Bubble teams were once a thing of high debate, with numerous schools left outside the NCAA tournament looking in. March Madness 2019 killed the bubble. Can we save it?
A funny thing has happened with March Madness in recent years, and I’m not sure of the true source, if there even is one. It may be a random blip, but it seems to me that bubble teams aren’t any good anymore. March Madness 2019 officially killed the bubble. This can’t just be because of the four-team expansion of the tournament, can it? Was there only ever four good bubble teams to argue about? If so, the NCAA pulled a perfect update by making this a field of 68.
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I’m less sure about that, but more sure that the teams that get left out of the field aren’t anything worth writing about. They are major conference teams who lost more conference games than they won, or they are mid-majors that didn’t beat anyone. Quadrant 1 losses (AKA “good losses”) can only get you so far. At some point, you actually have to beat someone respectable.
Three reasons the bubble died:
- Did tournament expansion permanently remove the interest surrounding the bubble?
- Is this a random blip on the radar, and the bubble will be interesting as soon as next season?
- Did expansion, combined with people’s appreciation of non-power conference teams, increase the quantity of teams we pay attention to and kill the bubble in the process?
Number three is my answer, and it’s a fluid process. As the discourse of smaller schools increased nationwide, there were simply more teams on the national radar. No one bats an eye when Belmont makes the tournament as an at-large. Buffalo is a 6 seed this year; Gonzaga is a 1 seed. That simple increase in variation then means the big schools have to do more. They haven’t done more yet, but that doesn’t mean the plan can’t change in the future. NC State is upset it got left out of the at-large field. Maybe next season the school won’t schedule the very worst non-conference strength of schedule in the nation.
If the major conference teams start to put effort into the non-conference schedule, all their resumes will look better by the end of the year. That will increase the quality of the bubble. It will also push out more mid-majors, which isn’t necessarily a good thing. There is no clear path for these schools to improve their resumes, so they will get left behind. When that happens, the NCAA can increase the tournament field by another four teams, and we can start this whole process again! In the mean time, the bubble stinks; the bubble isn’t interesting. If you don’t make the tournament, you didn’t deserve to.
Thankfully, the answer to how March Madness 2019 killed the bubble is option three. This is good news for the health and growth of college basketball. National attention on non-power conference schools who are very good is great for the sport. It sucks in all of the small markets, while calling into question the true dominance of big market teams. This creates competition, debate, and a better, more competitive NCAA tournament. Combined with the expansion to 68 teams, March Madness 2019 finally killed the bubble. This was inevitable.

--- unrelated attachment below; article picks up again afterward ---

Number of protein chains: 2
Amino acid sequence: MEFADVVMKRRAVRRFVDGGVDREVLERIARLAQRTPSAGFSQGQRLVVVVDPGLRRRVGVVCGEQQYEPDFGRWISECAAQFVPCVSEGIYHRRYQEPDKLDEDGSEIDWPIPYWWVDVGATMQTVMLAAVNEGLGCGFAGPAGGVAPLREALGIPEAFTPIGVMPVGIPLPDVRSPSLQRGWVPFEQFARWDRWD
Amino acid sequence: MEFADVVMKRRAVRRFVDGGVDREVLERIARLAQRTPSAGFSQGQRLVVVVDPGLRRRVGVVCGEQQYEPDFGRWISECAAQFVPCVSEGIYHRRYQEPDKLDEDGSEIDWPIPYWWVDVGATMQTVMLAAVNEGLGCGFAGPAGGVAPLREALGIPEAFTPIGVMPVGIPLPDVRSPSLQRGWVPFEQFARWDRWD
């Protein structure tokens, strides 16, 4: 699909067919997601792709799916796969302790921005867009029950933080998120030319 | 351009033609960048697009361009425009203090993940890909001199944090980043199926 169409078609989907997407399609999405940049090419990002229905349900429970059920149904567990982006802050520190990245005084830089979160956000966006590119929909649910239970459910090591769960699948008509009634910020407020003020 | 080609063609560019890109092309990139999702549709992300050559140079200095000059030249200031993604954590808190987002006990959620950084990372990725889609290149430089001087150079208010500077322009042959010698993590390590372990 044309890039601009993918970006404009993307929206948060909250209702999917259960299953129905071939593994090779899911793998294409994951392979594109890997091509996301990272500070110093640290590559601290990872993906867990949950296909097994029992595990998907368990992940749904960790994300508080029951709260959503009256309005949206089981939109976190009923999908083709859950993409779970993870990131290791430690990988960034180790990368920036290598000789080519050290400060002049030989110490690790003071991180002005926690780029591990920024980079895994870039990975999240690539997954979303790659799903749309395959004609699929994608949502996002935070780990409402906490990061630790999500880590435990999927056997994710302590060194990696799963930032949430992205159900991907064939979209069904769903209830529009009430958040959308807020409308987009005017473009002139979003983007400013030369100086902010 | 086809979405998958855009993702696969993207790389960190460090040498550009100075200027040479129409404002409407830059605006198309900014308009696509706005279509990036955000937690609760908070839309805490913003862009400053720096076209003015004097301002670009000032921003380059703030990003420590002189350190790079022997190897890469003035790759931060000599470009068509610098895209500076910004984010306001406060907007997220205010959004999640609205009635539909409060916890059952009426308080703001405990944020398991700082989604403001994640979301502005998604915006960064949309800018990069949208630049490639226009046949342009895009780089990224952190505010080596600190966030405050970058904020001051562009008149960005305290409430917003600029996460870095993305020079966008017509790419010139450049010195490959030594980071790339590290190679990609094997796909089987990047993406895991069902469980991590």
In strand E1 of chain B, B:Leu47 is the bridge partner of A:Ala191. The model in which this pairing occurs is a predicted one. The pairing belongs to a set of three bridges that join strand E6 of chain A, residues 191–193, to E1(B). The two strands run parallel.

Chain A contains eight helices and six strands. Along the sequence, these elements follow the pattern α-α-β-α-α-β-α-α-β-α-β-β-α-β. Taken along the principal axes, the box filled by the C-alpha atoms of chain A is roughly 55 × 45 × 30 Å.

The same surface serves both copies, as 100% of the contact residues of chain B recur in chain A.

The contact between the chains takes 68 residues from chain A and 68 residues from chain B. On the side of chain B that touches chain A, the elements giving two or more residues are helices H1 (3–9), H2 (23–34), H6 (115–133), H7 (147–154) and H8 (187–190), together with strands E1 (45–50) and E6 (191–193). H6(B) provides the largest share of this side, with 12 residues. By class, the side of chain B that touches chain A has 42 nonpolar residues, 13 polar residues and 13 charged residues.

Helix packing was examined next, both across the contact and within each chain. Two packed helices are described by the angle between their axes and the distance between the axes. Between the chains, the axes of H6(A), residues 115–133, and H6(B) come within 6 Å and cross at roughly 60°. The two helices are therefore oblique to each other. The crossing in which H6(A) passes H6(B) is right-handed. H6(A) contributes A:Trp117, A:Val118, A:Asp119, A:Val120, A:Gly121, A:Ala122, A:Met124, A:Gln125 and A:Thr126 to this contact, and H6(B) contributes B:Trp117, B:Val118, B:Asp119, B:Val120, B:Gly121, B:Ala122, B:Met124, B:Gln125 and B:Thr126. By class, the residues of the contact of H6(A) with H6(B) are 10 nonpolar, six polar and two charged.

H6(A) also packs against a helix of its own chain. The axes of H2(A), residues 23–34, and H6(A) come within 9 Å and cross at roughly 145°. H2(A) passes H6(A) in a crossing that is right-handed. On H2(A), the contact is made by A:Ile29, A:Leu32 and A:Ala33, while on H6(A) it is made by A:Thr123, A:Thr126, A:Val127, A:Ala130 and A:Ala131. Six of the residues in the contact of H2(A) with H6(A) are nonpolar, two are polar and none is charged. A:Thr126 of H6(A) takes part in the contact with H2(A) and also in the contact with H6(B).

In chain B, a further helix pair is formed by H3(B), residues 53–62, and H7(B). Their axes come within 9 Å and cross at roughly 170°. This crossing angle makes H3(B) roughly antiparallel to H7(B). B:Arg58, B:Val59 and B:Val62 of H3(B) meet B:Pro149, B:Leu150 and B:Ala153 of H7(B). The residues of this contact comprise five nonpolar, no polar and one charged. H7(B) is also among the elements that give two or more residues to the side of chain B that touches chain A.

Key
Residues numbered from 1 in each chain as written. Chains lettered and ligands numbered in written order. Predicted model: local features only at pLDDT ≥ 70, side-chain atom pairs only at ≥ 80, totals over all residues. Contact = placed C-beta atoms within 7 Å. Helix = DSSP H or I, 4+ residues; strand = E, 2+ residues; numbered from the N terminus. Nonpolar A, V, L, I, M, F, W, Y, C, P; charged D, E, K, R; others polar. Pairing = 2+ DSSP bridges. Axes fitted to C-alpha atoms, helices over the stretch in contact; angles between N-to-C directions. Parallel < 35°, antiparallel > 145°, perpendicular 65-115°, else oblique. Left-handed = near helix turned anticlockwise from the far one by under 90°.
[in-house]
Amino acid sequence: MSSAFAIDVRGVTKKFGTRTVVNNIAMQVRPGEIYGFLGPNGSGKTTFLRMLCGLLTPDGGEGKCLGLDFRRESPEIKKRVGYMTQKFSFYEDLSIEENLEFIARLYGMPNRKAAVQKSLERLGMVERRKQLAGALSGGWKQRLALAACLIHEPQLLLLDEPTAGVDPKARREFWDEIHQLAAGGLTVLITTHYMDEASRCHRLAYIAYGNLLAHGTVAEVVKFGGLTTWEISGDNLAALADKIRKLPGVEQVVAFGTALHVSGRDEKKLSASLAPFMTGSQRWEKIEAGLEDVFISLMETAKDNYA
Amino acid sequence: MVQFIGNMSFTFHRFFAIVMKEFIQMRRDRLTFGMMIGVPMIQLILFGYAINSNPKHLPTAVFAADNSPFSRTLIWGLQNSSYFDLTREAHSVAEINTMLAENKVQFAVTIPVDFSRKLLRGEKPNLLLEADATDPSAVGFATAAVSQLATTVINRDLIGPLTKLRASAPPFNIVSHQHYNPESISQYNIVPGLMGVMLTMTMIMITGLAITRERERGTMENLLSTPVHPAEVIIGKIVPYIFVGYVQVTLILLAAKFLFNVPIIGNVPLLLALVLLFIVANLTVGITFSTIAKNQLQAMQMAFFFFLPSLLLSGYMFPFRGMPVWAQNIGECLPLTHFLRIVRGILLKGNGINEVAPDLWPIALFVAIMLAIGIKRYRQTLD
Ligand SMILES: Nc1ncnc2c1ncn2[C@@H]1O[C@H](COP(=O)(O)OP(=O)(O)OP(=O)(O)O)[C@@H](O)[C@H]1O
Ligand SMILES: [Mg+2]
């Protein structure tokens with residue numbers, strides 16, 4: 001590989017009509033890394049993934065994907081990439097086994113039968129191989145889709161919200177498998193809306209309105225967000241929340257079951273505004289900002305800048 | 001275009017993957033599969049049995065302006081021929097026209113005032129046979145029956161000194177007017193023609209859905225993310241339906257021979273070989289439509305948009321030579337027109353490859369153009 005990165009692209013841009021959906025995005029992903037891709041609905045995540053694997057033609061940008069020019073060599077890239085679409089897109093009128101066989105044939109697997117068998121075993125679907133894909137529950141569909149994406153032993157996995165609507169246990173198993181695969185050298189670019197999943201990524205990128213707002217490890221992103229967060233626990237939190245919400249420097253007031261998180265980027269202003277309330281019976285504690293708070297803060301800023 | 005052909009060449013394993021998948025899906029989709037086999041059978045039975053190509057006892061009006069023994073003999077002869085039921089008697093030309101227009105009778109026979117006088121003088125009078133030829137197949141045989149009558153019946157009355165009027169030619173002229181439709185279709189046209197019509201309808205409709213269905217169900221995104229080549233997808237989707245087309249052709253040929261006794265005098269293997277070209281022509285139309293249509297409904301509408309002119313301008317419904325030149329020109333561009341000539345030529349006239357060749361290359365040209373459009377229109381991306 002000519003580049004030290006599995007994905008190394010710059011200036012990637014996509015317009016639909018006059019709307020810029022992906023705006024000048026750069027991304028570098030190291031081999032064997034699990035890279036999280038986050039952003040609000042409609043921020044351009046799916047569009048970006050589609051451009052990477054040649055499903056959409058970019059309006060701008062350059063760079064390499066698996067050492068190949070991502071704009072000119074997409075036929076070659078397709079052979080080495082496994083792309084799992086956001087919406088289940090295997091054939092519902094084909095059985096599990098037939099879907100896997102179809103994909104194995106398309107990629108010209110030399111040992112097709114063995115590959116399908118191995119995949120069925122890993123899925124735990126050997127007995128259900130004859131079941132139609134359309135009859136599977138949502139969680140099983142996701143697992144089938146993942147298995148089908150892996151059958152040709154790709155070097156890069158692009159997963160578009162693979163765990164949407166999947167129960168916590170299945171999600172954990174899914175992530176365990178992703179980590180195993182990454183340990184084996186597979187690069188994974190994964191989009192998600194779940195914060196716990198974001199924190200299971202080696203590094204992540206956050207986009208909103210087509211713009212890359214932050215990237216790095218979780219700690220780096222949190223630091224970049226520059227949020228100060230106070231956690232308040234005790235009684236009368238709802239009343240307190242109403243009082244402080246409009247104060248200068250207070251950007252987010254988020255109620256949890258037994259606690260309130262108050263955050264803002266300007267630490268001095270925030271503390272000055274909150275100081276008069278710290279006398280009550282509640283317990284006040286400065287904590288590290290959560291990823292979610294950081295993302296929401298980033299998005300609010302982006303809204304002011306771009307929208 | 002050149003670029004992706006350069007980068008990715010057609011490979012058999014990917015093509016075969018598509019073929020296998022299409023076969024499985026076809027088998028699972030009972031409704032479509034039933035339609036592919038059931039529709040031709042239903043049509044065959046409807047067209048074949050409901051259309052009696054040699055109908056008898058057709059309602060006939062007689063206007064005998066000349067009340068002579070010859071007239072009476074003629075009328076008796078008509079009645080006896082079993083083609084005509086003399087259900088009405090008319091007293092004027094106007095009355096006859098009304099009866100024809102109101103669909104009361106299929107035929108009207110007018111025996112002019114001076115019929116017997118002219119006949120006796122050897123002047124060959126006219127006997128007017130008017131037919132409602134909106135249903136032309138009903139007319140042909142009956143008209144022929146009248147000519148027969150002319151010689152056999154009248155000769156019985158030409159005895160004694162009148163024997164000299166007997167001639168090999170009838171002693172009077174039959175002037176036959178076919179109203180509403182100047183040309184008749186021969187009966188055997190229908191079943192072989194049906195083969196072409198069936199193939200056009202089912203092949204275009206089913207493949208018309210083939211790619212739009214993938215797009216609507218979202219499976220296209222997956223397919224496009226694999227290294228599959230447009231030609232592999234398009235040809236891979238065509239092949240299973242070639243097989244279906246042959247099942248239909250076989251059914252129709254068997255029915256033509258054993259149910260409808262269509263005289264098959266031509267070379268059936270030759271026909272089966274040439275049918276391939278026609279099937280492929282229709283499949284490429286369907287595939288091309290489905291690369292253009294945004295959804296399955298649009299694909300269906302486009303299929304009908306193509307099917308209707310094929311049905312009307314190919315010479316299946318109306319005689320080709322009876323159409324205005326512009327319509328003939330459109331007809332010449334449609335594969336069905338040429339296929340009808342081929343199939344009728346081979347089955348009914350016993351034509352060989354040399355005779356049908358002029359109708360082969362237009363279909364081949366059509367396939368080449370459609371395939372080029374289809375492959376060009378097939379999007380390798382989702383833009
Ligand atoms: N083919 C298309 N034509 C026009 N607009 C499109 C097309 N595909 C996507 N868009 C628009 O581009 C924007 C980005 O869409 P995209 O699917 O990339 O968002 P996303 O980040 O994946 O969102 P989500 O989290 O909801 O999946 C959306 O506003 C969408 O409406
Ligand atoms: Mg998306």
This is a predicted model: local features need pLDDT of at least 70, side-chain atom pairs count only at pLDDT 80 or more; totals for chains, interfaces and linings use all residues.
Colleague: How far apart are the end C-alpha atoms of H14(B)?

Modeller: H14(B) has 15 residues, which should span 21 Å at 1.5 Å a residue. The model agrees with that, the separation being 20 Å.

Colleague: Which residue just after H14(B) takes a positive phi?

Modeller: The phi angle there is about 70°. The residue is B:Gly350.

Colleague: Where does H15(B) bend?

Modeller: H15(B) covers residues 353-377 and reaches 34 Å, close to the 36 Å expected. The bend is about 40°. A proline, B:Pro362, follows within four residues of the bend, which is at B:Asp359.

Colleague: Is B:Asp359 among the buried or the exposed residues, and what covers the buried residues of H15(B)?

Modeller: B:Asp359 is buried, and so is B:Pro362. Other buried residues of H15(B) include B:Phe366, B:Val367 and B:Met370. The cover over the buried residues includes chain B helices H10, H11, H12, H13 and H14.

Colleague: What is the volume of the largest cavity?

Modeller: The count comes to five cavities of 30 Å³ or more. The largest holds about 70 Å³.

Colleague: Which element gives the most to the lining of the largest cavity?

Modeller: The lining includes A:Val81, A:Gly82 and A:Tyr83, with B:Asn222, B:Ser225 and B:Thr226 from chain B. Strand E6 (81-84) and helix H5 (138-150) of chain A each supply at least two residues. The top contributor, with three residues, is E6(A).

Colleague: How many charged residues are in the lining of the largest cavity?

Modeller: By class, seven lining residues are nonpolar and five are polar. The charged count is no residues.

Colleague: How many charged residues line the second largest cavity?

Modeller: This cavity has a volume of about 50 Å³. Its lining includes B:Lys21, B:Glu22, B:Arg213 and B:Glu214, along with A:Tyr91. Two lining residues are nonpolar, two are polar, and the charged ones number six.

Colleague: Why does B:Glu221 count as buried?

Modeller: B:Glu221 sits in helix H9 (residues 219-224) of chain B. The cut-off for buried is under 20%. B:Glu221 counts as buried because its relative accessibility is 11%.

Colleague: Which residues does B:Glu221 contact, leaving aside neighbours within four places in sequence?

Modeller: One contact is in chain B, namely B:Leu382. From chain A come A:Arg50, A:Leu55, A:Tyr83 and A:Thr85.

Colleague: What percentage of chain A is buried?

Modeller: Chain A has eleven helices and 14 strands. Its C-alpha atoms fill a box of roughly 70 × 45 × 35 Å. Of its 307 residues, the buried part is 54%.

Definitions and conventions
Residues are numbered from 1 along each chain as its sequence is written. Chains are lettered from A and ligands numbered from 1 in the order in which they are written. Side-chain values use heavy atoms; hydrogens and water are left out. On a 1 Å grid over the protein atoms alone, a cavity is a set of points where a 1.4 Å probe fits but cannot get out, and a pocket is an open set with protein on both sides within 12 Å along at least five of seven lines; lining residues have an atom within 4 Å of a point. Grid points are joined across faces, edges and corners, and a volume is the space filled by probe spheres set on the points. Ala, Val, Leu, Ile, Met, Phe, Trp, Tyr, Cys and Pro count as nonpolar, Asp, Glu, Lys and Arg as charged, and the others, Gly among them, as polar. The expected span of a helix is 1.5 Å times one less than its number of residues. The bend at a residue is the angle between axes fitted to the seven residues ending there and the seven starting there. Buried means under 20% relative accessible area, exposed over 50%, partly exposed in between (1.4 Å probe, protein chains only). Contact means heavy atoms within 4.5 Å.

Four more teams doesn’t sound like a lot, but it was never more than five teams truly on the bubble in any given year who got left out of the NCAA tournament. Perhaps ten schools were fighting on the bubble, with half getting to dance in March. Now those ten teams are only six, with three schools at most being left out. Three can easily be one or none, especially now that teams like Butler and Iona are tournament mainstays, rather than surprise entrants.
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Saint Marys seems to make the tournament every year and Gonzaga is a permanent fixture, having earned a number one seed in March Madness 2019. When the bubble was bursting with talented teams fighting to get in, these two schools were outliers, challenging the bubble for their own chance to dance. That is no longer true. The real question is not how to fix things, but rather if we should want to.
You identified an easy fix to our lackluster bubble. Teams in traditional power conferences must challenge themselves in out of conference games or risk being passed over for teams with better records and more impressive wins. This is also happening in college football to a lesser extent. Cupcake wins mean less and less, because the resumes of the “unknown” teams are getting better and better by comparison. But watching March Madness 2019 and picking brackets is more fun because I’m familiar with nearly every team in the field.
Gonzaga is now a known commodity, rather than a risky flier. This is wonderful. I’d rather have a great tournament with zero bubble debate, than a contentious bubble and a tournament full of chalk. It may be chalk at the top this year, but seeds five through twelve offer tons of “upset” potential. This is great for everyone.
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Dan Salem is Lead Editor, Staff Writer, and Featured Host at BuzzChomp. He’s a Staff Writer for NFL Spinzone, as well as an Actor, Writer, Director and Producer. Get lost in his Youtube comedy channel PillowTalk TV. Follow him on Twitter, Facebook, and Instagram.
Todd Salem is a Contributing Editor at BuzzChomp. He’s also the New York Giants Lead Writer at Pro Football Spot, a Staff Writer for NFL Spinzone, and a Featured Columnist at College Sports Madness, among others. Follow him on Twitter.
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